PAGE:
# lattice points

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## 1—10 of 13 matching pages

##### 1: 23.2 Definitions and Periodic Properties

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###### §23.2(i) Lattices

►If ${\omega}_{1}$ and ${\omega}_{3}$ are nonzero real or complex numbers such that $\mathrm{\Im}\left({\omega}_{3}/{\omega}_{1}\right)>0$, then the set of points $2m{\omega}_{1}+2n{\omega}_{3}$, with $m,n\in \mathbb{Z}$, constitutes a*lattice*$\mathbb{L}$ with $2{\omega}_{1}$ and $2{\omega}_{3}$*lattice generators*. … ►The double series and double product are absolutely and uniformly convergent in compact sets in $\u2102$ that do not include lattice points. … ► $\mathrm{\wp}\left(z\right)$ and $\zeta \left(z\right)$ are meromorphic functions with poles at the lattice points. …The function $\sigma \left(z\right)$ is entire and odd, with simple zeros at the lattice points. …##### 2: 20.2 Definitions and Periodic Properties

##### 3: 23.9 Laurent and Other Power Series

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►Let ${z}_{0}\phantom{\rule{veryverythickmathspace}{0ex}}(\ne 0)$ be the nearest lattice point to the origin, and define
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##### 4: 26.12 Plane Partitions

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►It is useful to be able to visualize a plane partition as a pile of blocks, one block at each lattice point
$(h,j,k)\in \pi $.
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##### 5: 23.20 Mathematical Applications

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►There is a unique point
${z}_{0}\in [{\omega}_{1},{\omega}_{1}+{\omega}_{3}]\cup [{\omega}_{1}+{\omega}_{3},{\omega}_{3}]$ such that $\mathrm{\wp}\left({z}_{0}\right)=0$.
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►For each pair of edges there is a unique point
${z}_{0}$ such that $\mathrm{\wp}\left({z}_{0}\right)=0$.
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►Points
$P=(x,y)$ on the curve can be parametrized by $x=\mathrm{\wp}(z;{g}_{2},{g}_{3})$, $2y={\mathrm{\wp}}^{\prime}(z;{g}_{2},{g}_{3})$, where ${g}_{2}=-4a$ and ${g}_{3}=-4b$: in this case we write $P=P(z)$.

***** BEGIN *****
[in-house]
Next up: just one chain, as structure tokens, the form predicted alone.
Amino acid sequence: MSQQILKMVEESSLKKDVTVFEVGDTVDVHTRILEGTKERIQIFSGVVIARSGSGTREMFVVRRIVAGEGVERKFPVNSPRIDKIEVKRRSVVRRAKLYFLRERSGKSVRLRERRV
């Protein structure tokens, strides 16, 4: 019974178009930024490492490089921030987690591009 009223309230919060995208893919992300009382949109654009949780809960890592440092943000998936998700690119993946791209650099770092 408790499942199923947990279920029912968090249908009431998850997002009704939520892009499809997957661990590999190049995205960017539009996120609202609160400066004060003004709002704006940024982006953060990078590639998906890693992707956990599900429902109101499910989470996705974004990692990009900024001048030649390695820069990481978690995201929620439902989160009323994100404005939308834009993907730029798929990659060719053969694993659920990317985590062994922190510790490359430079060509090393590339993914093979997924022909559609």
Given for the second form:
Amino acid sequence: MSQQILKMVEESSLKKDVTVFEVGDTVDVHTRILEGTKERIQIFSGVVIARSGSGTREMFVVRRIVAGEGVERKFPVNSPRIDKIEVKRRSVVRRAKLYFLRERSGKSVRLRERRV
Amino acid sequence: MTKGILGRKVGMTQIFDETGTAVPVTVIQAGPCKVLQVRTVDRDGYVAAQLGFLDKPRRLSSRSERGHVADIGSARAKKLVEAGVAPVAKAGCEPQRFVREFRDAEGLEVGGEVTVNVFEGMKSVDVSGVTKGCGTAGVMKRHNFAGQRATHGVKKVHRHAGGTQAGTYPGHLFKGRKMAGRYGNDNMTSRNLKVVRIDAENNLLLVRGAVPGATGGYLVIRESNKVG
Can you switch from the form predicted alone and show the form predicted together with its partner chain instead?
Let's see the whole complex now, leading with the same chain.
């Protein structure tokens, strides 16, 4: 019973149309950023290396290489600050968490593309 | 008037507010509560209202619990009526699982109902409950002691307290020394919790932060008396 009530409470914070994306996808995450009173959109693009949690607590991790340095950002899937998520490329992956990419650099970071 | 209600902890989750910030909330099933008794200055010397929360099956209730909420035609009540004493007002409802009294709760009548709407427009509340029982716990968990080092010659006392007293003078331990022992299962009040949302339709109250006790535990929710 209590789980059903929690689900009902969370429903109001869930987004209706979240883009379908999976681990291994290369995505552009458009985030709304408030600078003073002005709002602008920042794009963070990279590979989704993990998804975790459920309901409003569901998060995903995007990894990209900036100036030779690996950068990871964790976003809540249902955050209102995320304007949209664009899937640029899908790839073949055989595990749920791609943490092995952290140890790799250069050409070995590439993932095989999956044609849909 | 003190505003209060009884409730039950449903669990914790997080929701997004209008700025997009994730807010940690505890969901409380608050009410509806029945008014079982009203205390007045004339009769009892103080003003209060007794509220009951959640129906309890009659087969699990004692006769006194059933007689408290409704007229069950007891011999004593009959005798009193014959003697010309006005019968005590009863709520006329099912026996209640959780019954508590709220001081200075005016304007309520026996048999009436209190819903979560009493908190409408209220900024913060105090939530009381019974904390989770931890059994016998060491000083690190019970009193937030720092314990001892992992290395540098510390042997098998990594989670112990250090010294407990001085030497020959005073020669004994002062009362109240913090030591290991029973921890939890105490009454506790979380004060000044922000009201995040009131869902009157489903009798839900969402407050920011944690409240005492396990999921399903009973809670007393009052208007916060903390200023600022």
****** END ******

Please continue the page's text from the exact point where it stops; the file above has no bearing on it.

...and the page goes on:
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##### 6: 23.6 Relations to Other Functions

##### 7: 21.3 Symmetry and Quasi-Periodicity

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►The set of points
${\mathbf{m}}_{1}+\mathbf{\Omega}{\mathbf{m}}_{2}$ form a $g$-dimensional lattice, the

*period lattice*of the Riemann theta function. …##### 8: 22.4 Periods, Poles, and Zeros

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►The set of points
$z=mK+n\mathrm{i}{K}^{\prime}$, $m,n\in \mathbb{Z}$, comprise the

*lattice*for the 12 Jacobian functions; all other lattice unit cells are generated by translation of the fundamental unit cell by $mK+n\mathrm{i}{K}^{\prime}$, where again $m,n\in \mathbb{Z}$. …##### 9: 23.22 Methods of Computation

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###### §23.22(ii) Lattice Calculations

►###### Starting from Lattice

►Suppose that the lattice $\mathbb{L}$ is given. …The corresponding values of ${e}_{1}$, ${e}_{2}$, ${e}_{3}$ are calculated from (23.6.2)–(23.6.4), then ${g}_{2}$ and ${g}_{3}$ are obtained from (23.3.6) and (23.3.7). … ►Suppose that the invariants ${g}_{2}=c$, ${g}_{3}=d$, are given, for example in the differential equation (23.3.10) or via coefficients of an elliptic curve (§23.20(ii)). …##### 10: 9.16 Physical Applications

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►The frequent appearances of the Airy functions in both classical and quantum physics is associated with wave equations with turning points, for which asymptotic (WKBJ) solutions are exponential on one side and oscillatory on the other.
The Airy functions constitute uniform approximations whose region of validity includes the turning point and its neighborhood.
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►Again, the quest for asymptotic approximations that are uniformly valid solutions to this equation in the neighborhoods of critical points leads (after choosing solvable equations with similar asymptotic properties) to Airy functions.
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►The KdV equation and solitons have applications in many branches of physics, including plasma physics lattice dynamics, and quantum mechanics.
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►This reference provides several examples of applications to problems in quantum mechanics in which Airy functions give uniform asymptotic approximations, valid in the neighborhood of a turning point.
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